Make Graduation About Achievement, Not Comparison
Many schools have end-of-year award ceremonies based on tests, which some students couldn't participate in because of the pandemic. How do we celebrate student accomplishments without making others feel forgotten?
This question brings back memories of perching uncomfortably on a rickety folding chair in the middle of a football field (or if it was raining, in the school gym) at my own end-of-school-year ceremonies.
You, too, may recall listening for your name as your school principal marched through the alphabet calling graduates and, in the good old days, welcoming you to the stage for a handshake and even a hug of congratulations.
What I don't remember with much fondness was the portion of the program dedicated to awards. I understand why schools have them. When students achieve a standard of excellence, it's a wonderful thing to stand and applaud. The values of a school culture are, in part, reinforced by what we honor in public.
But there's a downside to such rituals, too. Students say that getting awards at the end of the school year brings mixed emotions. On the one hand, there is pride in being recognized for what you've done. On the other hand, there's a certain cringe factor in walking down the aisle knowing that your classmates aren't always rejoicing for your success.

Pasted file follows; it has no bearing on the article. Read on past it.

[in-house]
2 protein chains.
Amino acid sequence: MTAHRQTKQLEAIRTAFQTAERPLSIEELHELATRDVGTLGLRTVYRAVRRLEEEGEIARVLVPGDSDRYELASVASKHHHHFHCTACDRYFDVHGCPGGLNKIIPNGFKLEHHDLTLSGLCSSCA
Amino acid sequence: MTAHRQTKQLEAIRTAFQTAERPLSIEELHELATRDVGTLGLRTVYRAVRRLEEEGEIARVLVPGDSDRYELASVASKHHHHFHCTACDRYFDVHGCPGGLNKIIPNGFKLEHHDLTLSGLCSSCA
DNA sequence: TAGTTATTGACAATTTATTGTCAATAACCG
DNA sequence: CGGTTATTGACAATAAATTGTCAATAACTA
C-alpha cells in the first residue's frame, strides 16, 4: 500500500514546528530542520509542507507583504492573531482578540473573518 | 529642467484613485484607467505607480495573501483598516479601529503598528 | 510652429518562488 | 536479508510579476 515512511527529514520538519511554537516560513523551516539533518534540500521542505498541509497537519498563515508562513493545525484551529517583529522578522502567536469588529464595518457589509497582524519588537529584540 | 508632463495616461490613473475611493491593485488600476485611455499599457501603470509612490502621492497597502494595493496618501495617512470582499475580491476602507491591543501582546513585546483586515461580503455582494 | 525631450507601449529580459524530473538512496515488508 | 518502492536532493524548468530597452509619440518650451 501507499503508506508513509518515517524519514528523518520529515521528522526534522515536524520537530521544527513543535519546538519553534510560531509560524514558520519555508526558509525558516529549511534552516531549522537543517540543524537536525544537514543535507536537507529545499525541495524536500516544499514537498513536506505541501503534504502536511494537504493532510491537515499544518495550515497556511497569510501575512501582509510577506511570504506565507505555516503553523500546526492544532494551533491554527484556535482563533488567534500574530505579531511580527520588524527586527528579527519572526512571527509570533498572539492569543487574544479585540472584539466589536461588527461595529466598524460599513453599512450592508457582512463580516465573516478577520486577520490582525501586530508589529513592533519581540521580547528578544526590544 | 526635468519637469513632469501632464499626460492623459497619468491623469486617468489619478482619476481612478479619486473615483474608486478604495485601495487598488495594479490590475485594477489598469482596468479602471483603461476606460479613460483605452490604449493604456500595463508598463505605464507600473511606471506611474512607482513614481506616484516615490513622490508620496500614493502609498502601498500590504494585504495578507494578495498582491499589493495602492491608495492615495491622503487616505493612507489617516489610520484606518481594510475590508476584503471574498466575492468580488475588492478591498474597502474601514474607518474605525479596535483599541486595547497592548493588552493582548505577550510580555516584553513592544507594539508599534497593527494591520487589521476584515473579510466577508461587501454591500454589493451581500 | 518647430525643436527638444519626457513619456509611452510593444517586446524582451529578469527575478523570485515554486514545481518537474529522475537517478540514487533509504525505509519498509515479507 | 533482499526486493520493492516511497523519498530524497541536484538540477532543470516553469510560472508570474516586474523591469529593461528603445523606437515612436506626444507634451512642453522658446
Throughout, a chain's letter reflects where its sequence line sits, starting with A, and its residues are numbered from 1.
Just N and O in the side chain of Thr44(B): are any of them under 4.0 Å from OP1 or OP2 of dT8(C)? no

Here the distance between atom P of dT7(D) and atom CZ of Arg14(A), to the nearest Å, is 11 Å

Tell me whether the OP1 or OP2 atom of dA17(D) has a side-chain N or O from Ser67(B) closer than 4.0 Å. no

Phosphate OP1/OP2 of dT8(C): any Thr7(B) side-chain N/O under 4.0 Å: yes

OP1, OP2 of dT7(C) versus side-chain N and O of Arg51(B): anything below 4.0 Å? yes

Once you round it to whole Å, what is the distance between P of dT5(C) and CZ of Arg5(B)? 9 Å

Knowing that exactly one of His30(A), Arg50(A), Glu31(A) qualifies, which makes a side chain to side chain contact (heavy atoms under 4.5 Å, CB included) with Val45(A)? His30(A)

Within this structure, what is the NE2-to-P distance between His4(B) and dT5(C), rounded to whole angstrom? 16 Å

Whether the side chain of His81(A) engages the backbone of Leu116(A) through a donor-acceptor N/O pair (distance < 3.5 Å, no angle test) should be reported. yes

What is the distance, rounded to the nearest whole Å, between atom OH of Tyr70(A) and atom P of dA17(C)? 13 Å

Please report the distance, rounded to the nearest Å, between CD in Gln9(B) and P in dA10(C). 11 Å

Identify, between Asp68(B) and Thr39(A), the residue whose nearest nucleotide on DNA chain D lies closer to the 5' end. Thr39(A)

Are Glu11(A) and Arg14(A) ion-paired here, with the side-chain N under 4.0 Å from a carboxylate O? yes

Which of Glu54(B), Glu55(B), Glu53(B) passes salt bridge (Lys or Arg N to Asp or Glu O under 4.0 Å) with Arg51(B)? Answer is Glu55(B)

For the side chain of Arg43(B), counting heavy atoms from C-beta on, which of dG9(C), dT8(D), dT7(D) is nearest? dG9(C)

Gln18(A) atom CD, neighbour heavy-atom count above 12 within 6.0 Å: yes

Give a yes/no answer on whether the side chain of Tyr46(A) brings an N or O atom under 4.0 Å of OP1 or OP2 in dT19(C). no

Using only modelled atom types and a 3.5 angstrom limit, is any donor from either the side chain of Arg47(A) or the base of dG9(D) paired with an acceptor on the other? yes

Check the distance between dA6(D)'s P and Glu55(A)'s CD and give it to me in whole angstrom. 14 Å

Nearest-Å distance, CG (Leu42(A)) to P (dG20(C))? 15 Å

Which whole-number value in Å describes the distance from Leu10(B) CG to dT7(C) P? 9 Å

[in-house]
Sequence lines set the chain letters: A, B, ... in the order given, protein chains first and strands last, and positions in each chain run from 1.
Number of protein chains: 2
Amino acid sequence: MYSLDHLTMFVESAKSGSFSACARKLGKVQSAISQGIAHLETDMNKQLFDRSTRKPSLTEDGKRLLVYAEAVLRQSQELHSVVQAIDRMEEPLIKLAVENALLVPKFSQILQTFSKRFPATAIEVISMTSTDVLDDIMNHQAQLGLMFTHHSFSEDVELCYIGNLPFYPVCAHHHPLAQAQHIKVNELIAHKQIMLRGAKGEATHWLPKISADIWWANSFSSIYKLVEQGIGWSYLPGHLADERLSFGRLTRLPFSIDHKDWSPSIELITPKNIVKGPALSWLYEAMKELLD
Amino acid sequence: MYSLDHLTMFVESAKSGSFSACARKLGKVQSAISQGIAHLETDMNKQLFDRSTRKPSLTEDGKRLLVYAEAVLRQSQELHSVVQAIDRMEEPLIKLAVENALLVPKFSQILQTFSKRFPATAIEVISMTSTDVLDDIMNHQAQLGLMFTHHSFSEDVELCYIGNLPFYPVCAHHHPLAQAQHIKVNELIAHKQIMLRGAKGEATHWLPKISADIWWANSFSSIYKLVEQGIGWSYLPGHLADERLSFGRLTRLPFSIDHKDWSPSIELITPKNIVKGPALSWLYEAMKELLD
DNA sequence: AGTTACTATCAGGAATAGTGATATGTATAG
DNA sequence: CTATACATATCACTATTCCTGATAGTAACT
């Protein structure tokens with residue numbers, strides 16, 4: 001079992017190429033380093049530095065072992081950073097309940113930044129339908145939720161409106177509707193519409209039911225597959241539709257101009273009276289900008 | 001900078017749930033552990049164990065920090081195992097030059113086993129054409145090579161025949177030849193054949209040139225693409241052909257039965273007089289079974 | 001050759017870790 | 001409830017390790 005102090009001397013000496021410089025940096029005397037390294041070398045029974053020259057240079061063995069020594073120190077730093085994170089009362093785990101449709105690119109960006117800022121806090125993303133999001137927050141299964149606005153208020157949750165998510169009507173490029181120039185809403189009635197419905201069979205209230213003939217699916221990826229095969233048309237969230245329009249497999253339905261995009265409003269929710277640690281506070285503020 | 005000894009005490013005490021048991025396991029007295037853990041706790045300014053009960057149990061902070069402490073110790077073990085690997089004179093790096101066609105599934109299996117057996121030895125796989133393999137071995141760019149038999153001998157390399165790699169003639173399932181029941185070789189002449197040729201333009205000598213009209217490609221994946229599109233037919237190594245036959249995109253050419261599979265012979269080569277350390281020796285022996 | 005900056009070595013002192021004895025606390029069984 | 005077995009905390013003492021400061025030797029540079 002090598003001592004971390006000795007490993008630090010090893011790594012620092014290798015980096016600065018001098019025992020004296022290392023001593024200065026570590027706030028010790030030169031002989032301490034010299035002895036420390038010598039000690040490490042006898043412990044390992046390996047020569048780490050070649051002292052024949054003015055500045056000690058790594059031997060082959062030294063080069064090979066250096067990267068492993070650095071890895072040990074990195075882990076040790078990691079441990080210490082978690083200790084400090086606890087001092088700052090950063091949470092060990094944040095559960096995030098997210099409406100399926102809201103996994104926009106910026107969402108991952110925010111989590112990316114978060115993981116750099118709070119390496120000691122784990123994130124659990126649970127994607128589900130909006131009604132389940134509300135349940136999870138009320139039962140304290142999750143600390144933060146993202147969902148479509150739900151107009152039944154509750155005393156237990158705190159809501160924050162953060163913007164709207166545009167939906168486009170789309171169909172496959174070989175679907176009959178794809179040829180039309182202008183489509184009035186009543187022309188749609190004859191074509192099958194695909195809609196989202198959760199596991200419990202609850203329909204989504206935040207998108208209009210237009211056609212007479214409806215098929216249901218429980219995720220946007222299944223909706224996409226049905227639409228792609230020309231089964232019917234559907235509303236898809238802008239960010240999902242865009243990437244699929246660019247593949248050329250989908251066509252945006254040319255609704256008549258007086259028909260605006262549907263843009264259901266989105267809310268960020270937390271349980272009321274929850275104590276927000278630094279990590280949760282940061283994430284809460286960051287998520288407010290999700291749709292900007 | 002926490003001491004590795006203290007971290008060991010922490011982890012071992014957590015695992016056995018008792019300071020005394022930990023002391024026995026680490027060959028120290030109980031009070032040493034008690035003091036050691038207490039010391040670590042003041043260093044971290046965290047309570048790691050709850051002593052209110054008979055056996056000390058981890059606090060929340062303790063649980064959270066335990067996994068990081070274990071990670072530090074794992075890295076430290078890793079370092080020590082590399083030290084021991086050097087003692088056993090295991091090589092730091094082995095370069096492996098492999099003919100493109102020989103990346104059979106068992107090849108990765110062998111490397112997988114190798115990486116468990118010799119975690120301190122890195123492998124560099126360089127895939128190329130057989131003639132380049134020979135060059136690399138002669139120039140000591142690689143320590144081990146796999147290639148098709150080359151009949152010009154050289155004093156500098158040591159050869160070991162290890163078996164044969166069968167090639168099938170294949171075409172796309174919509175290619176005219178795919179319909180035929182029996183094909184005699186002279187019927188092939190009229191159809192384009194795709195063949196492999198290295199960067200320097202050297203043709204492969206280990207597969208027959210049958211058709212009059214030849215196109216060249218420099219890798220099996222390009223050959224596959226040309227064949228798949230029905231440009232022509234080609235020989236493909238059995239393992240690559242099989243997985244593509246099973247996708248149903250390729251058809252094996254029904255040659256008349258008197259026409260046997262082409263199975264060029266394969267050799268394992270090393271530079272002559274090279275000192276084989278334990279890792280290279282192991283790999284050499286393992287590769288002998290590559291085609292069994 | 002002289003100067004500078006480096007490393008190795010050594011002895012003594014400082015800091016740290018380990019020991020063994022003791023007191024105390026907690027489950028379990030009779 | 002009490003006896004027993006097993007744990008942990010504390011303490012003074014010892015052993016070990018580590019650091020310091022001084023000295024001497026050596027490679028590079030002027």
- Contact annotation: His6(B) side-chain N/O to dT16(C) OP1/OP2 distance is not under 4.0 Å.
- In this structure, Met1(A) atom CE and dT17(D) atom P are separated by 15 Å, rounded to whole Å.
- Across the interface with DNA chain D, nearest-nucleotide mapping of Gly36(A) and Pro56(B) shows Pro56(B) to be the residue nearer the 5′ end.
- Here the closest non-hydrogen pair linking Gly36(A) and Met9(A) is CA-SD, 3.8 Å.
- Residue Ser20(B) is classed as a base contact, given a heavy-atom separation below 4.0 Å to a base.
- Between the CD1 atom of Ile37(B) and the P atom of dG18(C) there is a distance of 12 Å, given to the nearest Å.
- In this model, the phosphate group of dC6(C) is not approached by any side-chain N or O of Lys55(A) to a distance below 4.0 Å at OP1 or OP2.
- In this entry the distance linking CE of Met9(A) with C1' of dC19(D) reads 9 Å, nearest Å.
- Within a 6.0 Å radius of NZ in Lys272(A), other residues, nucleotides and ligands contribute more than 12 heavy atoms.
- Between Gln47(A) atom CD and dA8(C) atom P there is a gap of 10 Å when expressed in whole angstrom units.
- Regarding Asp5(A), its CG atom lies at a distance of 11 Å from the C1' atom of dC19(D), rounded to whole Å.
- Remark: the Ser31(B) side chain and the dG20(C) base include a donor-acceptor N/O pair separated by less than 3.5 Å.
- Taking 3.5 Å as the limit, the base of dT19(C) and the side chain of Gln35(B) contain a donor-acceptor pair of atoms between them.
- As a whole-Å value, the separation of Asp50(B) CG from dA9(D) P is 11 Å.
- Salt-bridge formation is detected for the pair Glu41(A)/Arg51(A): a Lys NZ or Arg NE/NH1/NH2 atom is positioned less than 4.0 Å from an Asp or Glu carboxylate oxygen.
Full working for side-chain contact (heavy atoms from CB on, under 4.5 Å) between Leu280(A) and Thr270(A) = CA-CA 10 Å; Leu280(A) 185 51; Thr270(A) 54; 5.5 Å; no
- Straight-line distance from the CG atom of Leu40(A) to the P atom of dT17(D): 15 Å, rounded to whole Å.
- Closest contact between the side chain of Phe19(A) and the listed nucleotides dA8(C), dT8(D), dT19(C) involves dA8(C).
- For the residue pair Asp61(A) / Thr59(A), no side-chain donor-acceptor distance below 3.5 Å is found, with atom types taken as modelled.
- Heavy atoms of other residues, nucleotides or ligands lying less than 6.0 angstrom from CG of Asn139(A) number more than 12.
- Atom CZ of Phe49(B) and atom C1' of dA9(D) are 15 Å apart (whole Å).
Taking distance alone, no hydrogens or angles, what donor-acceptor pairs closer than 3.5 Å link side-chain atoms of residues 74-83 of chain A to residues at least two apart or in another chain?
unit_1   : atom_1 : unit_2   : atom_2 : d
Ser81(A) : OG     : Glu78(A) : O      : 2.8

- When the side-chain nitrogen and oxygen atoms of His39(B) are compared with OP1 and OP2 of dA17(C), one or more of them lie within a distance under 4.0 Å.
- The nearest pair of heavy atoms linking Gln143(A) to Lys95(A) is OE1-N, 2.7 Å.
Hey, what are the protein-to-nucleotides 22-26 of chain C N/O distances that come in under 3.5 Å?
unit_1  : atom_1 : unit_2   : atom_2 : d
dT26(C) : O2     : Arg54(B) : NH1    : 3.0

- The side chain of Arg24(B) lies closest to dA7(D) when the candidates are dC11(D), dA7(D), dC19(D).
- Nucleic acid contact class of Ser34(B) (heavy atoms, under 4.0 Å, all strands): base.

A few years ago, I attended a graduation ceremony at a local high school. As I thumbed through the program, I saw a list of awards and their recipients. The list was lengthy and the awards quite specific. There was, for example, the Phi Beta Kappa Award, given to "a student who embodies the ideals of academic achievement, character, and a love of wisdom and learning," and the Margot Cunningham Award, given to "seniors who have played three sports for four years."
The list was long enough to make me wonder how many hours the ceremony might last. But then something unexpected happened. The graduation concluded after the seniors were called up in alphabetical order. The only pomp and circumstance around awards was the written program itself. I later learned that the school holds a separate assembly to recognize awards for students across all grades. This was by far the most dignified way I've seen to honor students without inadvertently diminishing their peers.
This year, every graduation ceremony has to be rethought. So turn the end-of-school-year disruption into a precedent-setting opportunity and reconsider how you honor students. Why not recognize students who are especially funny, grateful, or kind? At that ceremony I attended, the Rachel Shao Sun Award was awarded to a "senior who has exhibited academic excellence, leadership, warmth, good humor, and the ability to be a true friend." And perhaps the class of 2020 deserves an award all its own, for handling this pandemic with grace, resilience, and optimism.
Angela Duckworth, the founder and CEO of the education nonprofit Character Lab, is a professor of psychology at the University of Pennsylvania. You can follow Character Lab on Twitter @TheCharacterLab.